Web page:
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Re: [IP] Diabetes in ER

I gather, and I'm no expert, just a mom in tennis shoes, that DKA almost 
vanished with the longer acting insulins.  That is one of the problems with 
the pump.  You only use short acting insulins.  I tested ketones for years 
and never had any, because, I guess, my husband always had enough 
slow-acting in his system.  Then, we went on the pump.  Before a couple of 
weeks were up, bang, my husband who had never showed a ketone on a urine 
stick in 20 years, showed large ketones.  This Christmas, nearly a year 
after going on the pump, he developed a bone infection, his bg went nuts!  
He had ketones!  He was so weak he couldn't get to the toilet to vomit!   I 
bolussed and bolussed and finally resorted to an injection after I couldn't 
get to his bgs down!  I didn't call an ambulance, but I came that close to 
calling one.

His bone infection, touch wood, is now cured, I hope.  At least, 500 mg of 
cipro-filoxcin 2/da has kept it at bay for 3 mo.  If he goes another couple 
of weeks without high bg, without anti-biotics and without an abscess 
forming, I guess his bone infection, if that's what he has/had is gone!


DKA, impending DKA is nothing to kid around about, I gather.  Our CDE had 
been a ER nurse before there was long-acting insulin.  The possibility of 
DKA was one reason she was against pumps.  Be very alert to high blood 
sugars and to whether or not you are getting adequate insulin delivery.  You 
could be in deep do-do very quickly.


>>I did not see any inherent "inaccuracies" either as some have claimed. My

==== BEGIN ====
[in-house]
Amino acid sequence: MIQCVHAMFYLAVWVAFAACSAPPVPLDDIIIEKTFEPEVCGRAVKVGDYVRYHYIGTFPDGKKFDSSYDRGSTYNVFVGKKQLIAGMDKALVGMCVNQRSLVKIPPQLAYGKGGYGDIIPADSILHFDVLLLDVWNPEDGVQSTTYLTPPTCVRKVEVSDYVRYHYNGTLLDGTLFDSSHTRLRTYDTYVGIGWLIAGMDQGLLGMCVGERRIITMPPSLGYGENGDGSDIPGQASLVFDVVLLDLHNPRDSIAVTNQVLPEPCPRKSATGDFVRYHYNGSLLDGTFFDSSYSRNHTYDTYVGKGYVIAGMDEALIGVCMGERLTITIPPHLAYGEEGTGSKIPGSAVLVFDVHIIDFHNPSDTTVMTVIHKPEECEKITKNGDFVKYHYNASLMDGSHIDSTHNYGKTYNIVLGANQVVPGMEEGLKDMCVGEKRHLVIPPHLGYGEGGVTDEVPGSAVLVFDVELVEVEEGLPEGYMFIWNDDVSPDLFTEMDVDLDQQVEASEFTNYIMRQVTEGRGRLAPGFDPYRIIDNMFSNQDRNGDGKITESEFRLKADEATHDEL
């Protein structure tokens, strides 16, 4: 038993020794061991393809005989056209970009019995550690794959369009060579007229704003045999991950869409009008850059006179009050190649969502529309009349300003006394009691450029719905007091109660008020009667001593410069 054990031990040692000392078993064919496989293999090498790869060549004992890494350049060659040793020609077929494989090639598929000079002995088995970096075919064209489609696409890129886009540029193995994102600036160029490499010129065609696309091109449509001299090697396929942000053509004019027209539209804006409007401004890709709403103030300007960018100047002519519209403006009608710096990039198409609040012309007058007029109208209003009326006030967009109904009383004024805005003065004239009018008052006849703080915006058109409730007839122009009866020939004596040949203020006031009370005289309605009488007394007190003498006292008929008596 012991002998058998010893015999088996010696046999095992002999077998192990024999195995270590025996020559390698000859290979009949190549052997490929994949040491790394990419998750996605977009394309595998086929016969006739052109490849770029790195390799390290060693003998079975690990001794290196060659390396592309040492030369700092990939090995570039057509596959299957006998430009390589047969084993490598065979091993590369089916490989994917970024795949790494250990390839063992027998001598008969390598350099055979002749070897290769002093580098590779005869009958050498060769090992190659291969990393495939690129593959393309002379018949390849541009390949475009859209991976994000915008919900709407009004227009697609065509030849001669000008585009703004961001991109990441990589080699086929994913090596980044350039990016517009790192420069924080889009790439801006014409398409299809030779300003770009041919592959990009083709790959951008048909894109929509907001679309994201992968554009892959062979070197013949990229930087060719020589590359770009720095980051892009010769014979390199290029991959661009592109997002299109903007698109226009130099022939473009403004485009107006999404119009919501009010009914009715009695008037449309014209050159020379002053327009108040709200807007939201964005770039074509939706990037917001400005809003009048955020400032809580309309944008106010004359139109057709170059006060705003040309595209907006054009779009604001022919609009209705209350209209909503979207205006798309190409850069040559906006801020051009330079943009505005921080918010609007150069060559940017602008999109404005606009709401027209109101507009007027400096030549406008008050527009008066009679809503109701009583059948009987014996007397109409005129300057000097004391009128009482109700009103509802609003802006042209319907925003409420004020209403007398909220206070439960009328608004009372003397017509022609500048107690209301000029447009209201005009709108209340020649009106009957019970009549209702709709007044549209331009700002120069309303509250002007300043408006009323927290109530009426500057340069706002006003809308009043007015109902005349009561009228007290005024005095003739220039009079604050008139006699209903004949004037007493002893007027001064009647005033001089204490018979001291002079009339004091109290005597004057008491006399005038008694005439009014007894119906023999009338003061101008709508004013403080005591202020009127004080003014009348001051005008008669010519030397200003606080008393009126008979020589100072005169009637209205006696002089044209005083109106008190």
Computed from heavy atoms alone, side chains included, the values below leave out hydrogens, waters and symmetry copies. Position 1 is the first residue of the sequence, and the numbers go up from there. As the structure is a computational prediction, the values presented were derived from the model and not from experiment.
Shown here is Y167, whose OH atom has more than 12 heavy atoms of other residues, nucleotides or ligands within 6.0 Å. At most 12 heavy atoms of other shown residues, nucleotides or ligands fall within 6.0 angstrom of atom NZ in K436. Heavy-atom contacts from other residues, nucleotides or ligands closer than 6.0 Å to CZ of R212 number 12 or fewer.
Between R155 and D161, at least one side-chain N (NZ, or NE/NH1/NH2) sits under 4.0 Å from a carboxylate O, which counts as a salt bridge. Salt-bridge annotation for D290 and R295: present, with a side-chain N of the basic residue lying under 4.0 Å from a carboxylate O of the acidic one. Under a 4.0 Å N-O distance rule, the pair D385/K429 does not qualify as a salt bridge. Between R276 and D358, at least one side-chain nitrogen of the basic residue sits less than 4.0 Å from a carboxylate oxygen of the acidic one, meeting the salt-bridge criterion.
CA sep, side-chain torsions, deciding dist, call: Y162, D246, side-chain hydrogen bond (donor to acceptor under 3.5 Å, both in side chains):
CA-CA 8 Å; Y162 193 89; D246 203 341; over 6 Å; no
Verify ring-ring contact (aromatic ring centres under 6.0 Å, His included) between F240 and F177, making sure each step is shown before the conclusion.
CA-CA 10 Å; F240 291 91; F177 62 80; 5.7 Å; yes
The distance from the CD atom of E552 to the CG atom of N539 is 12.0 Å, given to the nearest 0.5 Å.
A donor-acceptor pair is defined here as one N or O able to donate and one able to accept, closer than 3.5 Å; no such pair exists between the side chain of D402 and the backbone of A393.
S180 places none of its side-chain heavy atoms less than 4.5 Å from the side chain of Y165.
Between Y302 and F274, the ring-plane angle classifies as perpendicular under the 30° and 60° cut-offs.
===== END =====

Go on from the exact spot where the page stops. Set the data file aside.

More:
> >now, and my parents before, when I was young, could tell when I was high
> >because I was acting "funny".
>  In my over 20 years with diabetes, being high...even into the 400's...has 
>resulted in me acting "funny". Nor have I ever heard of this as a symptom. 
>closest to this would be that if I'm high for a while, I start to feel 
>or depressed.


What?  How funny have you not acted.  My husband was over 30 when he went 
diabetic.  He was no kid!  Once, for some idiotic reason, when he was on 
needles and insulin and couldn't use a finger-stick glucose meter, he ate a 
piece of birthday cake.  He came home and started to take some ashes out 
from the fireplace.  I said something.  Who knows what?  Nothing.  He threw 
the hot ashes at me!  Not all of them and they just hit the kitchen floor, 
but I think his over-blown reaction shocked us both.  There have been many 
other less serious incidents, but . . . That's why he's on the pump and why 
we monitor his bg constantly. His "mood swings" were impossible to tolerate. 
  He's a much nicer guy on the pump.

High bg has been linked with activity in the frontal lobe, has it not?  That 
is where the anger comes from, does it not?

There are a lot of guys in prison because they acted out with high or low 
blood sugar.  My husband's endo and a lot of others think high bgs aren't a 
problem.  I beg to differ.  I don't know how many times an hour after a meal 
my husband had a temper tantrum.  Don't tell me he was low!


Or, how about the fact that in UNDER 2 hours, he
>went from eating some ice cream to DKA with fruity breath and acting 
>I've been a diabetic for years and never ONCE been DKA, even with BGLs 
>into the 400's.

Read my comments on DKA and ketones on the pump.

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